Wednesday, December 14, 2005

The Blessing of Disunity

One of the common objections to Christianity that I hear often is that if Christianity is true, why are there so many churches? Of course church in this sense means denomination, or church tradition. There are some churches that will tell you they are not a part of any denomination, but still they are a part of a certain form of Christianity.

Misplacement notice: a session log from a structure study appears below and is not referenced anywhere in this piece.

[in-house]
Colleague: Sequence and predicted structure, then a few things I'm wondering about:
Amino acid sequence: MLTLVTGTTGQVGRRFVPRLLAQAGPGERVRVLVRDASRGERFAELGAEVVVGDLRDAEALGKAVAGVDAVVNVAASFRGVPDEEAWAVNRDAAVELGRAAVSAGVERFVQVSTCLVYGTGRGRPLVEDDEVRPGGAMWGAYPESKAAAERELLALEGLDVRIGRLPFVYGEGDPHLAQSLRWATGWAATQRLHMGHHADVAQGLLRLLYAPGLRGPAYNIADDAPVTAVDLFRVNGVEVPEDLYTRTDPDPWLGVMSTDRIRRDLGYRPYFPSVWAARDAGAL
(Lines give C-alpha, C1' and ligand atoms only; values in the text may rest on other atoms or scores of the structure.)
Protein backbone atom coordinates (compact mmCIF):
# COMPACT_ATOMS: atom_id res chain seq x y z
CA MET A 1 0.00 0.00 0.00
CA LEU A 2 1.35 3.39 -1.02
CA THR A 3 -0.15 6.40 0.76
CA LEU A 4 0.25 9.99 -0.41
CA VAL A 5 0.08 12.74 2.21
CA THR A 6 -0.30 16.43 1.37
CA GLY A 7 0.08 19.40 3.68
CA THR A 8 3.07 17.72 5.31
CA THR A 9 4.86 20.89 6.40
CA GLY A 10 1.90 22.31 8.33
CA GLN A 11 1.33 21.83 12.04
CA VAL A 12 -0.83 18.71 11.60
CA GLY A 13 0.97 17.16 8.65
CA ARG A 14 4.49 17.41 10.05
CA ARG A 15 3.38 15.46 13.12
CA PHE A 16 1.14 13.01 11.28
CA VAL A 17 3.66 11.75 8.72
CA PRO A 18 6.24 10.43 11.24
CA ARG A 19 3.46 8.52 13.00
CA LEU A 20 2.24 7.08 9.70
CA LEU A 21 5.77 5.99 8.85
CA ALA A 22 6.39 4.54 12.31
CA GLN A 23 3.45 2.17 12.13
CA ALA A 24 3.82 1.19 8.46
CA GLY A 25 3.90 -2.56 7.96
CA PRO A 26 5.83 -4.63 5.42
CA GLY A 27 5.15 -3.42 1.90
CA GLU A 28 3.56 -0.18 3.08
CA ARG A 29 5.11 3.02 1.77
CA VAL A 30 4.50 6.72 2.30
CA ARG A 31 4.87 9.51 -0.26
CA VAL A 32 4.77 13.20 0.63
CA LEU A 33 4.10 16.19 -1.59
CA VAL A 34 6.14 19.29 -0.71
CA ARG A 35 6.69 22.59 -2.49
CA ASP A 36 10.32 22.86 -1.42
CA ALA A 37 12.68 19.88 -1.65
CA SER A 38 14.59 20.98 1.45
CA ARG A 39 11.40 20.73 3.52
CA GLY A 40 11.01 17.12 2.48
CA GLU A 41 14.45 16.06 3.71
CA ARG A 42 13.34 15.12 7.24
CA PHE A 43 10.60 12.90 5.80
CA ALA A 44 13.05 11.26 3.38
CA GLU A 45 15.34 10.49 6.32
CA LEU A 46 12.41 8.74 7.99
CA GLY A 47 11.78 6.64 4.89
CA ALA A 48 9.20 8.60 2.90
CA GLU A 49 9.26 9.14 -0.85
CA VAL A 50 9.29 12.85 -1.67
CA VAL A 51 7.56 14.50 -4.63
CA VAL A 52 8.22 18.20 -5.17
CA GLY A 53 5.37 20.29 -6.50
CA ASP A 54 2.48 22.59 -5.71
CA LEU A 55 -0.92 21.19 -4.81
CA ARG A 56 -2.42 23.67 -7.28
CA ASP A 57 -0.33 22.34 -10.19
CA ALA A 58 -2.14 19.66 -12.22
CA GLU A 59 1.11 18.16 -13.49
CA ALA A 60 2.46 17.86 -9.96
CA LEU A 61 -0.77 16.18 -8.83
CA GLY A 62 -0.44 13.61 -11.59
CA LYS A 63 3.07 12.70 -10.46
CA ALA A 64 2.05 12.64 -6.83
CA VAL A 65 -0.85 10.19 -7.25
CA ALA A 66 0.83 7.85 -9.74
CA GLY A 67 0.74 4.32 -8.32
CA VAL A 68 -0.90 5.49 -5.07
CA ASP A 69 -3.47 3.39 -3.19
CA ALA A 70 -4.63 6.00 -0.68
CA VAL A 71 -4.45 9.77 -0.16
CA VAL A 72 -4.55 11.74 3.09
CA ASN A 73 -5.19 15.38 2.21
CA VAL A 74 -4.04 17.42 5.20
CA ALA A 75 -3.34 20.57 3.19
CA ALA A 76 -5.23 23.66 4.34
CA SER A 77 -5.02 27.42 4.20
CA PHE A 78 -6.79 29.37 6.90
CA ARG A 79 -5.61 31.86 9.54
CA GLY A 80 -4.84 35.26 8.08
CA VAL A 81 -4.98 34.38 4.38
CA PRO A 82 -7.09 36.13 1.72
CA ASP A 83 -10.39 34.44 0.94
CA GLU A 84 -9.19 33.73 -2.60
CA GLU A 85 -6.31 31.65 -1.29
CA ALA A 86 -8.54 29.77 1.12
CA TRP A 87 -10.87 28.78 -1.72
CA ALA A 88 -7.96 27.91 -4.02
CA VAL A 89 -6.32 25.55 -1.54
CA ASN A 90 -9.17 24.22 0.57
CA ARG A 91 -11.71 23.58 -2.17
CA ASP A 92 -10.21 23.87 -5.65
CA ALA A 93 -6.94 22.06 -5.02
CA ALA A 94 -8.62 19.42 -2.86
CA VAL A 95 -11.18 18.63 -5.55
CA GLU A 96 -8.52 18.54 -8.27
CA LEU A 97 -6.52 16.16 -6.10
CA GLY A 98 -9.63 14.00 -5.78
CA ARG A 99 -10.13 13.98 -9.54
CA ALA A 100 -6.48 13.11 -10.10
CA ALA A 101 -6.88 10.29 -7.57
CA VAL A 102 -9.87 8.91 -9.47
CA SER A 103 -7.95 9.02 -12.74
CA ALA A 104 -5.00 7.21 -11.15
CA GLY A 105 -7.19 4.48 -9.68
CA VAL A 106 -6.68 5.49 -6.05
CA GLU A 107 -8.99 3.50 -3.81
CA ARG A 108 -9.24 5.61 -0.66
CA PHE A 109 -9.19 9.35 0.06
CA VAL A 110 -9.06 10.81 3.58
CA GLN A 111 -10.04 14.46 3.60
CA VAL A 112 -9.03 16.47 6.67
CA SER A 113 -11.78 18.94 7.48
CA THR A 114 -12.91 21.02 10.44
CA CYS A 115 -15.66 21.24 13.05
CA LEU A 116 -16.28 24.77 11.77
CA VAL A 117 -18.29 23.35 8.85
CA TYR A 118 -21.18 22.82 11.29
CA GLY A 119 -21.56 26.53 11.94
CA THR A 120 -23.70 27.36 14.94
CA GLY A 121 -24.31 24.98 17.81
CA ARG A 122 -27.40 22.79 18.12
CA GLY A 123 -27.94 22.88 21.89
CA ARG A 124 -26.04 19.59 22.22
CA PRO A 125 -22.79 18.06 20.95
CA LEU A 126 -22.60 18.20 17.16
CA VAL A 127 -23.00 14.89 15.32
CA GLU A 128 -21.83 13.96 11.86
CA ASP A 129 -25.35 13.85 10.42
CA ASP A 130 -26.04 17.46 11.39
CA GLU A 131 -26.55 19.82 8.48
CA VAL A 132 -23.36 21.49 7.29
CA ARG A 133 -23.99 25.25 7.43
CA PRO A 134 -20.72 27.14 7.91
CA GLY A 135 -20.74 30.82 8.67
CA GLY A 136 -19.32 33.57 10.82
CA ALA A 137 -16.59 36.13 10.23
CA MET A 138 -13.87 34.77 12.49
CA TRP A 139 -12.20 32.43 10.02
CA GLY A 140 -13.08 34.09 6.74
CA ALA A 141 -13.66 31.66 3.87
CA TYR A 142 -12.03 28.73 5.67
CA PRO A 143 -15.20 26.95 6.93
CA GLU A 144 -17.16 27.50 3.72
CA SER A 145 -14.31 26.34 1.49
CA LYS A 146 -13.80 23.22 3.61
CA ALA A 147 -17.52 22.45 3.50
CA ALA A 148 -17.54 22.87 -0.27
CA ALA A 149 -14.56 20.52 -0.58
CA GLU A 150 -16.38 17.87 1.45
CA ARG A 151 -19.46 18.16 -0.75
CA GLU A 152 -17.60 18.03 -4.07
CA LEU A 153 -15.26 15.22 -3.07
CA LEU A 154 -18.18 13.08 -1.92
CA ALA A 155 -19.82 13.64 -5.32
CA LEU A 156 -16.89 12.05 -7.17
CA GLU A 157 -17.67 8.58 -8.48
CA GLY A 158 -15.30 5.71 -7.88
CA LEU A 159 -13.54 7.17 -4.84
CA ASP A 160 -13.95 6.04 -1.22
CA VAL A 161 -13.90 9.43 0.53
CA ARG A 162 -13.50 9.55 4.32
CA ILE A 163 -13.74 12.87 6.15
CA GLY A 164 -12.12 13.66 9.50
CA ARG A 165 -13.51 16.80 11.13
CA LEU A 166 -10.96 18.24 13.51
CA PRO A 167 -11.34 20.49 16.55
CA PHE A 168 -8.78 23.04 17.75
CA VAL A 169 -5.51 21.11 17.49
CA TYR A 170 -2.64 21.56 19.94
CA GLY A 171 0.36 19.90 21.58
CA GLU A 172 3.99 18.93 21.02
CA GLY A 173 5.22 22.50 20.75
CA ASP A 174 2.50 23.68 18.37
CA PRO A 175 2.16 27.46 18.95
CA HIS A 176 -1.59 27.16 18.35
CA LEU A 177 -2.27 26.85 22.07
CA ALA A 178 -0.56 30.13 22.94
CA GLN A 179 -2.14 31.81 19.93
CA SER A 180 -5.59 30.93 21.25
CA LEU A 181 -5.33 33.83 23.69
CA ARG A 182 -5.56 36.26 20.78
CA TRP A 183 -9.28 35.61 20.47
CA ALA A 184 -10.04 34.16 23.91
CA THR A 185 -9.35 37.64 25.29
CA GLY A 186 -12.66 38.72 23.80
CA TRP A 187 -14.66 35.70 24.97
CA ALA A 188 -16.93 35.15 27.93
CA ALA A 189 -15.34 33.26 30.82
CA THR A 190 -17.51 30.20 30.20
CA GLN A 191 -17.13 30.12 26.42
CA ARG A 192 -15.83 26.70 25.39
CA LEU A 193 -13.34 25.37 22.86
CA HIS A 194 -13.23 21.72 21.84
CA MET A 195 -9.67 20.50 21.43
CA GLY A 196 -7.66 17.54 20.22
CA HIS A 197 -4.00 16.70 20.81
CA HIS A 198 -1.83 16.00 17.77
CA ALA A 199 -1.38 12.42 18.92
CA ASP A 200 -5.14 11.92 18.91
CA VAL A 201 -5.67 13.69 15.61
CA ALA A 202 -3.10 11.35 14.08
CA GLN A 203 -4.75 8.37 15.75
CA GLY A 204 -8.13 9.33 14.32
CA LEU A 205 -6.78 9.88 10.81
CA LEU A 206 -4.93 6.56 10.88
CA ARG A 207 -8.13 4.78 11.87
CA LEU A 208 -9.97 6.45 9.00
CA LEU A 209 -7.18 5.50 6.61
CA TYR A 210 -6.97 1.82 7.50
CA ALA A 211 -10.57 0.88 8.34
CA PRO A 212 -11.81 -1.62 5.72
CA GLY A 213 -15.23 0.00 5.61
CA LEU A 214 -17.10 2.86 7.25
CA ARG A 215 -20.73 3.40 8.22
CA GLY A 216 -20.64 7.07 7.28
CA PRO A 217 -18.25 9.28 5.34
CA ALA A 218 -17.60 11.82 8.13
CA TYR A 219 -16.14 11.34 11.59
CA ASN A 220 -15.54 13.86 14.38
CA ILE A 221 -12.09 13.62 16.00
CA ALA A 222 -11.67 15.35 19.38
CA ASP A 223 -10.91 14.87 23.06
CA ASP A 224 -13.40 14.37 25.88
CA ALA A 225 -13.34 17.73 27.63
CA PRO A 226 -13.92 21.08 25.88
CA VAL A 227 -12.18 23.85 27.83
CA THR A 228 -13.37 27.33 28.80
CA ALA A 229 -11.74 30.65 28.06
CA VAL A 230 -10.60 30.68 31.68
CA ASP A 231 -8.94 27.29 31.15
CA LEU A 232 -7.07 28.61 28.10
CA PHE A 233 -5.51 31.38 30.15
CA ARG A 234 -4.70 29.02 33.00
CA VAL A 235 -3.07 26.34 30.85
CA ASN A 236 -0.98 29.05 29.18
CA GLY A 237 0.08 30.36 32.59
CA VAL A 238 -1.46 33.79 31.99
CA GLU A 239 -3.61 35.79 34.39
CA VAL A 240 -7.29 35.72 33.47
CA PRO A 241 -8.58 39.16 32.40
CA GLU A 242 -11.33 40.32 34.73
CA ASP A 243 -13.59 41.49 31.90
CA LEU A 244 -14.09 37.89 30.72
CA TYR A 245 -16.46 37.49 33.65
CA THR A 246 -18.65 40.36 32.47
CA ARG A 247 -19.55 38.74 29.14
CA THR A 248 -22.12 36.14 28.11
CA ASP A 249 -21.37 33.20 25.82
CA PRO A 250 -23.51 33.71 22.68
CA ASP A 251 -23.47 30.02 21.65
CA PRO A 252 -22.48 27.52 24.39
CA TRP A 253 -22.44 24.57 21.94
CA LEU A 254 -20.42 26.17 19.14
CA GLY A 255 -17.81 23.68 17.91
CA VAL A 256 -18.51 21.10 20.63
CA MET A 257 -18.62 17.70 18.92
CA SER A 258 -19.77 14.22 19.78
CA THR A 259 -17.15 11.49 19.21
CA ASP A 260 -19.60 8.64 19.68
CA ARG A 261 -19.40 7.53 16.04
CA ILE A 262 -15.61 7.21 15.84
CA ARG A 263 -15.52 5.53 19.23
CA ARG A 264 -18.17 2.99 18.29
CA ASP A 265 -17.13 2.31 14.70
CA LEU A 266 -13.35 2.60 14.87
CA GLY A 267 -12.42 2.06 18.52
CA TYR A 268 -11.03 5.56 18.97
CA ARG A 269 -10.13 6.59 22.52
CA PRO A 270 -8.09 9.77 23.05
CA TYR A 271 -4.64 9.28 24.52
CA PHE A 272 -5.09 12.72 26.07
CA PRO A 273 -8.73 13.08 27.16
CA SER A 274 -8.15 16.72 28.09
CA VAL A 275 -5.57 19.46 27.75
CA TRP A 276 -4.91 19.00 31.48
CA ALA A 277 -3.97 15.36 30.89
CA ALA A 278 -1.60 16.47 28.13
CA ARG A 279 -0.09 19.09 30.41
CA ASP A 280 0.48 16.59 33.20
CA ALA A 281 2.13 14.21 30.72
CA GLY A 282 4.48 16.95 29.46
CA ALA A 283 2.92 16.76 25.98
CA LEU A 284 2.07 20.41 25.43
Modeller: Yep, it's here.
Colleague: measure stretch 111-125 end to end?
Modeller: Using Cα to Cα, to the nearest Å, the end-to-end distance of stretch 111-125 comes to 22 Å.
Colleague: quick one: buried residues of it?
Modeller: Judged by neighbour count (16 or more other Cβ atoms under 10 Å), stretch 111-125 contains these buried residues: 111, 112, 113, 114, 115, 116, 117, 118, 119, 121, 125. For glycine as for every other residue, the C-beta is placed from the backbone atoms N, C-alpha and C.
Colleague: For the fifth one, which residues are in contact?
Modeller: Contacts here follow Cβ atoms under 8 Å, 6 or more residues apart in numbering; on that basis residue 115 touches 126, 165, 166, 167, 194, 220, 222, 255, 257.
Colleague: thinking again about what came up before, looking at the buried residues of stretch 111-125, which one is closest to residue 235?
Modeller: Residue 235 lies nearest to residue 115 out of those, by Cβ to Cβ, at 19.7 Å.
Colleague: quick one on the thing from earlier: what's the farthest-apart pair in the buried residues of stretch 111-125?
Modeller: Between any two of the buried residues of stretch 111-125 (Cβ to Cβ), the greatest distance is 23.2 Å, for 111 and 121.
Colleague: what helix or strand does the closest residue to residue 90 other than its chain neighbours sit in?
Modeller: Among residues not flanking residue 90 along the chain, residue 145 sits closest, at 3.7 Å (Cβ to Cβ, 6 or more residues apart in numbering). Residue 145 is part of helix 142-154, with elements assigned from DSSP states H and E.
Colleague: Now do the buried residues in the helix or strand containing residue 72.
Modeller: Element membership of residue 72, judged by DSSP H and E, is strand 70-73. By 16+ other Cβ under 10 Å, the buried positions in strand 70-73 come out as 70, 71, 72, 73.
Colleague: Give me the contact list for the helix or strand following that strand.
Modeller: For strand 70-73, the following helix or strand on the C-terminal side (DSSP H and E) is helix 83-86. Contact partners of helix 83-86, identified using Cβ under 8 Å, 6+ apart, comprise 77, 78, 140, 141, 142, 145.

My first reaction to denominations is that I don't see them as such a bad thing. There are significant doctrinal issues that are emphasized and debated between denominations and that can get quite heated. Additionally, many churches frankly teach things that are against the teachings in Scripture. However, the differences between Bible-believing churches is usually not as much about doctrine as it is about the demographic that the church reaches. One church might reach the blue collar working class, while another reaches the white collar middle class. Some churches cater to an extended family. Other let one exist in an anonymous fashion. Some churches focus on music that shows musical achievement as an offering to God, other churches seek music that strikes an emotional chord. Some churches work to build a multi-ethnic community while others seek to be a safe haven for those of a certain ethnic heritage. In a sense this kind of division allows more people to participate in various types of churches than if there was one sanctioned denomination. In a sense, this organizational disunity allows for unity under a broader banner of belonging to Christ. If the only type of denomination we had was one for the educated, middle-class in America, then we might have organizational unity at the sacrifice of one swath of society being comfortable in church. It is better that there is the organizational disunity with the benefit of sensing brotherhood with believers from that church with the different sort of music down the street.
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